Danielle Holian’s brutal truth telling

Beautifully Chaotic by Danielle Holian (self published, 211pp, €12)

DANIELLE HOLIAN'S debut poetry collection, Beautifully Chaotic, is part of a boom in the popularity of poetry among young people – particularly young women – over the past few years.

Though the cranky old uncles and aunts of the literary right-wing will protest, poetry’s new found success in reaching parts of the population it never previously touched is a long overdue democratisation. It is an entirely good thing that a young, beginner poet such as Holian feels free to write, and share her poems about mental health, abusive relationships, being raped, and still managing to find hope.

Yes, it is true the work of some of most recent crop of Instagram and spoken word poetry stars lacks originality and metaphor, and pretends to a social and political courage which is largely illusory. Yet those few who have become famous as a result of a capitalism trying to cash in on the current poetry craze, should not blind us to the space that has been created for poets such as Holian – and many others – previously excluded from the stiff parlour game that has been the official poetry scene in this part of the world since the deaths of Shelley and Byron.

'Holian’s poetry has a severe honesty, sometimes pursued to the point of necessary brutality'

In the end, every poet stands or falls on the quality of her poems. In ‘Monster’, Holian shows a nice gothic touch, and her opening imagery is sharp: “When I see them walking among us/I see danger/A cemetery with my dead body laying there.” This third line startles because the reader really believes she did see her own dead body there and we share in her shock.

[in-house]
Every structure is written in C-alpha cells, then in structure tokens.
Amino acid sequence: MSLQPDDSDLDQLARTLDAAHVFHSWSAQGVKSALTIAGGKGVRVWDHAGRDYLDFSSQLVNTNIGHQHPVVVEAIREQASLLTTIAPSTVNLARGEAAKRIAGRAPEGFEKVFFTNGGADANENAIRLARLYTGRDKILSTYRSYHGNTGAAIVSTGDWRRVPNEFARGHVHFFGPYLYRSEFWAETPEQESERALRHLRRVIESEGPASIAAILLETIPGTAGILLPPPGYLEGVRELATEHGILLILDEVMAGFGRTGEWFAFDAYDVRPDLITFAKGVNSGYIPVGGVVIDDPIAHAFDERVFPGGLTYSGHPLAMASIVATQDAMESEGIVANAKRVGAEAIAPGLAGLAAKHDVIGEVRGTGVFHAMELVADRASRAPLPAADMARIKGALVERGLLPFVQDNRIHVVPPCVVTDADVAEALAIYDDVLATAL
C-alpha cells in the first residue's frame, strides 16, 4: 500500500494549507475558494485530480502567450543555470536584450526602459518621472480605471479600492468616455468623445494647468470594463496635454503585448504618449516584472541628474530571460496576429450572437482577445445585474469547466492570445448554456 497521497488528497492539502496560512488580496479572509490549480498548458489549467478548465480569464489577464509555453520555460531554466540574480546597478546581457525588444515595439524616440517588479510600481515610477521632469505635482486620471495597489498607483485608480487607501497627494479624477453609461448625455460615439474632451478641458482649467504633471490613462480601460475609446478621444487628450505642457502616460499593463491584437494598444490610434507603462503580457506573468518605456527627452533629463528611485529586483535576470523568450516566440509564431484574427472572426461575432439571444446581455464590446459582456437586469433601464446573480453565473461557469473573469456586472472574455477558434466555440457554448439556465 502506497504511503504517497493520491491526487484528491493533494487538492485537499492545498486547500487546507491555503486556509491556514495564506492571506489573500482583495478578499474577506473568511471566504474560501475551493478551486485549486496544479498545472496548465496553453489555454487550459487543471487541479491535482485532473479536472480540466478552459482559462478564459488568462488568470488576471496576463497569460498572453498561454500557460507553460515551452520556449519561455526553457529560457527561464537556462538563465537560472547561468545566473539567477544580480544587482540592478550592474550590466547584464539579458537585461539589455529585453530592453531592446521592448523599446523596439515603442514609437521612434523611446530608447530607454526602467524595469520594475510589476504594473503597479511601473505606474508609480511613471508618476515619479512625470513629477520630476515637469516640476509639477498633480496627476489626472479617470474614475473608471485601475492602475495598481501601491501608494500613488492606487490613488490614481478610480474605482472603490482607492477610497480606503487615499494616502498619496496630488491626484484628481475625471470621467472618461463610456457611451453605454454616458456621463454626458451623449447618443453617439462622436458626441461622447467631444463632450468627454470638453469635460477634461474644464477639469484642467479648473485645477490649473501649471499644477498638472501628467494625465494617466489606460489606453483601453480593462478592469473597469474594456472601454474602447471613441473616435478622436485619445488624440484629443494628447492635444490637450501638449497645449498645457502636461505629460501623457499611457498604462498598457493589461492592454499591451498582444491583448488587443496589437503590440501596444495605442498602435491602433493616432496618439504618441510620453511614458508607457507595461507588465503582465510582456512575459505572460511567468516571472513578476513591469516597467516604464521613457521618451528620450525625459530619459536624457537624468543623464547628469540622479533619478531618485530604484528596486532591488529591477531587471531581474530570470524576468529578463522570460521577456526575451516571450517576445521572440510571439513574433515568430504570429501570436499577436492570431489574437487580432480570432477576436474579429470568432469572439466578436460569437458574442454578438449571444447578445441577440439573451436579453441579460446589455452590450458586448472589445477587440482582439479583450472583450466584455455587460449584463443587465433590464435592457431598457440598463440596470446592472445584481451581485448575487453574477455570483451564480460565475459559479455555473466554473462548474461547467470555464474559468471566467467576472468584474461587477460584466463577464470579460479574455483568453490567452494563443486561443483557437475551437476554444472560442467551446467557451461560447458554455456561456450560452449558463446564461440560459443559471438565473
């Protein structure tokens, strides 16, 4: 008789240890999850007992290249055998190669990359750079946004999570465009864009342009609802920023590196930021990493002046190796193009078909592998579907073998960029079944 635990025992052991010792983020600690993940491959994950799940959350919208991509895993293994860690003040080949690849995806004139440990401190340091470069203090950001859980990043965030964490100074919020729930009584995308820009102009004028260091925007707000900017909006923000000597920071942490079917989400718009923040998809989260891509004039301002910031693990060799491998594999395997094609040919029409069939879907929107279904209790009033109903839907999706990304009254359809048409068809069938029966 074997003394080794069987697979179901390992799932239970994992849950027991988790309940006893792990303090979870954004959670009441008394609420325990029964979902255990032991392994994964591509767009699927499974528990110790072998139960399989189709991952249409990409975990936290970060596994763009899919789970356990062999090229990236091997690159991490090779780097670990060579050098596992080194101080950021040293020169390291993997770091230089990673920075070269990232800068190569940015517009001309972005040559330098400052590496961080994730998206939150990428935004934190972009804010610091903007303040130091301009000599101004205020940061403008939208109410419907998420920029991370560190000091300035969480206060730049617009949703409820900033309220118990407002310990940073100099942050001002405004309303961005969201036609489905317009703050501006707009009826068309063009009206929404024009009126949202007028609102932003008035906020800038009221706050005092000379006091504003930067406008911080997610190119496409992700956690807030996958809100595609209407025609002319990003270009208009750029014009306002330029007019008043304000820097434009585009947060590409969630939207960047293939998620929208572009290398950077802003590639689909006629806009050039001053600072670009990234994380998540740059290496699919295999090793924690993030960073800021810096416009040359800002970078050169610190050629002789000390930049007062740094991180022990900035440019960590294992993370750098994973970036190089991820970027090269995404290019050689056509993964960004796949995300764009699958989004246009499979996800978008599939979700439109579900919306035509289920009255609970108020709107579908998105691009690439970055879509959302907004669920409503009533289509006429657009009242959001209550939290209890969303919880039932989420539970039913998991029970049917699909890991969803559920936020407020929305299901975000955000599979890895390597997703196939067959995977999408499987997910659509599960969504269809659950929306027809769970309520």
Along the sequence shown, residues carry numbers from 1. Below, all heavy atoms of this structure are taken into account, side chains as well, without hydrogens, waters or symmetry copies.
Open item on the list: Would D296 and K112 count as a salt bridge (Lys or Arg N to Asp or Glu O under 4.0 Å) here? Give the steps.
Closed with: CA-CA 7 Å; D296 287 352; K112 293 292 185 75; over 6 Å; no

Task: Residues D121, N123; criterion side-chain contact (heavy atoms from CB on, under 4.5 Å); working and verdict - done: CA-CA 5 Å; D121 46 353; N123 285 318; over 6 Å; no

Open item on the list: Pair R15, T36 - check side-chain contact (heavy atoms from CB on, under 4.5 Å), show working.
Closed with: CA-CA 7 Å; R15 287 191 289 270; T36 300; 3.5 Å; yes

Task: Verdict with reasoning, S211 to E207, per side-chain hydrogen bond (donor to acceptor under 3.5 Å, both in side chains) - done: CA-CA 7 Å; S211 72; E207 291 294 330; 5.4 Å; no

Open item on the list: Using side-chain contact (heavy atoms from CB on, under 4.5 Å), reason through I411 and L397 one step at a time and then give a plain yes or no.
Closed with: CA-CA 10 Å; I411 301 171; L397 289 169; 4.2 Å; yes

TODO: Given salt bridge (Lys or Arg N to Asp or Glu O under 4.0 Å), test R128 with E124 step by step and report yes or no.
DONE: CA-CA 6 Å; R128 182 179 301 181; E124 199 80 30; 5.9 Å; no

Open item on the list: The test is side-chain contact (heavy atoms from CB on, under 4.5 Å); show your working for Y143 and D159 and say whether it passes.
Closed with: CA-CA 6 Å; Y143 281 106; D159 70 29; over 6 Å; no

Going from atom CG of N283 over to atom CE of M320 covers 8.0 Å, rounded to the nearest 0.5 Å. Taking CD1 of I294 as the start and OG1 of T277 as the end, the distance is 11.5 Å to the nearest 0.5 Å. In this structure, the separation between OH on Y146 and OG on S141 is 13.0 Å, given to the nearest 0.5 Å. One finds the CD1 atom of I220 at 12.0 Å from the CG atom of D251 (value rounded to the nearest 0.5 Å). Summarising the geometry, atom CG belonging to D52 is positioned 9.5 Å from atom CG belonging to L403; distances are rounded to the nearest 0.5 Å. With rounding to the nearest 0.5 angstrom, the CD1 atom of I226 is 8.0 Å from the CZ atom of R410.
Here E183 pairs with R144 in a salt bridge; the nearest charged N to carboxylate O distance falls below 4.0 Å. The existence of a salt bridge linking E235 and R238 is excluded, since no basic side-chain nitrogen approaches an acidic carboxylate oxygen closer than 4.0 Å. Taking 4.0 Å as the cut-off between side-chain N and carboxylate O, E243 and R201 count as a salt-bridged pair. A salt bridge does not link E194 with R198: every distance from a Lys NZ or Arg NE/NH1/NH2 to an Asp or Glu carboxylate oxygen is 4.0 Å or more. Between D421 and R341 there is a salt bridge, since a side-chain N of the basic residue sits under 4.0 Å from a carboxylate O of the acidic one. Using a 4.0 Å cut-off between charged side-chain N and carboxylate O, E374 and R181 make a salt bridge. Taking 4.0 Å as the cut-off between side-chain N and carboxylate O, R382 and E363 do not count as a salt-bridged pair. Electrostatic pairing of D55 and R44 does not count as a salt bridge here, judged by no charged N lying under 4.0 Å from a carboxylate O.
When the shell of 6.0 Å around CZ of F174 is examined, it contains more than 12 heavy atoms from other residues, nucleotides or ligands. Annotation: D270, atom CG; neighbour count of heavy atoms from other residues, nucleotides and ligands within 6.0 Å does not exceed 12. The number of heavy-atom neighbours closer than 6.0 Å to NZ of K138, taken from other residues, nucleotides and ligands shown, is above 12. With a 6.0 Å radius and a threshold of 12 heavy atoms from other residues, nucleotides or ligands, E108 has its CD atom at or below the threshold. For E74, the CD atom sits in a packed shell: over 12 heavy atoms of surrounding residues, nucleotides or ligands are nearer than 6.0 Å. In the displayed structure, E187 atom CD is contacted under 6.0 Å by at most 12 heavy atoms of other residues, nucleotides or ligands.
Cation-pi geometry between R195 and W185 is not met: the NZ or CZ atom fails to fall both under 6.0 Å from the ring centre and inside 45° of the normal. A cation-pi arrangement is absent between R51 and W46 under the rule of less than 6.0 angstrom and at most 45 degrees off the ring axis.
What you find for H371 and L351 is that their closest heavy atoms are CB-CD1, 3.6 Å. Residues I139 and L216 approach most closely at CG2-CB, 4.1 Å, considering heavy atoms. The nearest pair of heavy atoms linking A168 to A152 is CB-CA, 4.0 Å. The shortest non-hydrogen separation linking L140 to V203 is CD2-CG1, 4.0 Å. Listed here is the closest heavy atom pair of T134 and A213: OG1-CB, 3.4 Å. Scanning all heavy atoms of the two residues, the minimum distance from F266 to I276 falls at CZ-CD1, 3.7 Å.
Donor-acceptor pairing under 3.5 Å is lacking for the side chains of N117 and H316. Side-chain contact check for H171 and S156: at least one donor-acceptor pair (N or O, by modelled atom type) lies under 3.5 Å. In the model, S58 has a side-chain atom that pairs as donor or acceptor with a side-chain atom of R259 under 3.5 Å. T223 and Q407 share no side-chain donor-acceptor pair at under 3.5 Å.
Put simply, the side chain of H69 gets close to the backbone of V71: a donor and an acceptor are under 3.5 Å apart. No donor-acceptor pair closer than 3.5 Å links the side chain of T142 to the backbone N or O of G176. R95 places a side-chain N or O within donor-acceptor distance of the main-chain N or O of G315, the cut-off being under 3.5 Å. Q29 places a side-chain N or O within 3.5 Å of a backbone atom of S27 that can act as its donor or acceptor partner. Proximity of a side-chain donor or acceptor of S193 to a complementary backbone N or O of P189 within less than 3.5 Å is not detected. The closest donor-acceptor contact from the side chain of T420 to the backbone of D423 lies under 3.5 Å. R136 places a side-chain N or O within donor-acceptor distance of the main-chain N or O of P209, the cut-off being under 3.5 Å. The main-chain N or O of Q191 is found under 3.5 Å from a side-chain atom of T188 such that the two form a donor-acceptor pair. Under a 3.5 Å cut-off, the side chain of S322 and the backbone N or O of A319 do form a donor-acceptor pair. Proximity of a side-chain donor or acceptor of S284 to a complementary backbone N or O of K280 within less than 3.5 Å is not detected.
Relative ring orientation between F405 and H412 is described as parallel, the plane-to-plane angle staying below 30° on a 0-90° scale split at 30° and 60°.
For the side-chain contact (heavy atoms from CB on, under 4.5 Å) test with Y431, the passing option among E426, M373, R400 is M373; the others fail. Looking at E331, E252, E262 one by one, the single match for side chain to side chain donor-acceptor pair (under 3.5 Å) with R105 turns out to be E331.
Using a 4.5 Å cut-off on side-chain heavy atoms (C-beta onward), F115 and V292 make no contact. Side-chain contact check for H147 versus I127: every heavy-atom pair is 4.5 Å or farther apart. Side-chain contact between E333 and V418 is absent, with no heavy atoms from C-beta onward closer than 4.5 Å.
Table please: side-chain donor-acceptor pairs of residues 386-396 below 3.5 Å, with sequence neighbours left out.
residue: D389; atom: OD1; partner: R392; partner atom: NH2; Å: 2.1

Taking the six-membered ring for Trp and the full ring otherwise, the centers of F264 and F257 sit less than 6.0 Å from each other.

There is a brutal truth telling in some of her shorter poems which really works, though the style may be naïve. ‘Compliment Battle’ is particularly successful is this regard: “Before/I felt I had to/Spread my legs/Open my heart/And shut my mouth/Whenever a man complimented me.” The clinching final line of ‘The Bleak Aftermath’ has a searing honesty which could not but be poetic: “The way he left/Told me everything/I needed to know/About the person, I slept beside/In the dead of the night/Scared out of my mind.”

In places, such as in the two line ‘Artist’ “My heart and mind align in perfect times/To remind me I am an artist," she does descend to the pseudo-aphoristic emptiness that is the trademark of the Instagram poets, but it is an unsurprising thing to see a young poet mimicking the fashions of her time. More often, Danielle Holian’s poetry has a severe honesty, sometimes pursued to the point of necessary brutality, which marks her out from those who write poetry simply in the hope it will make them famous.


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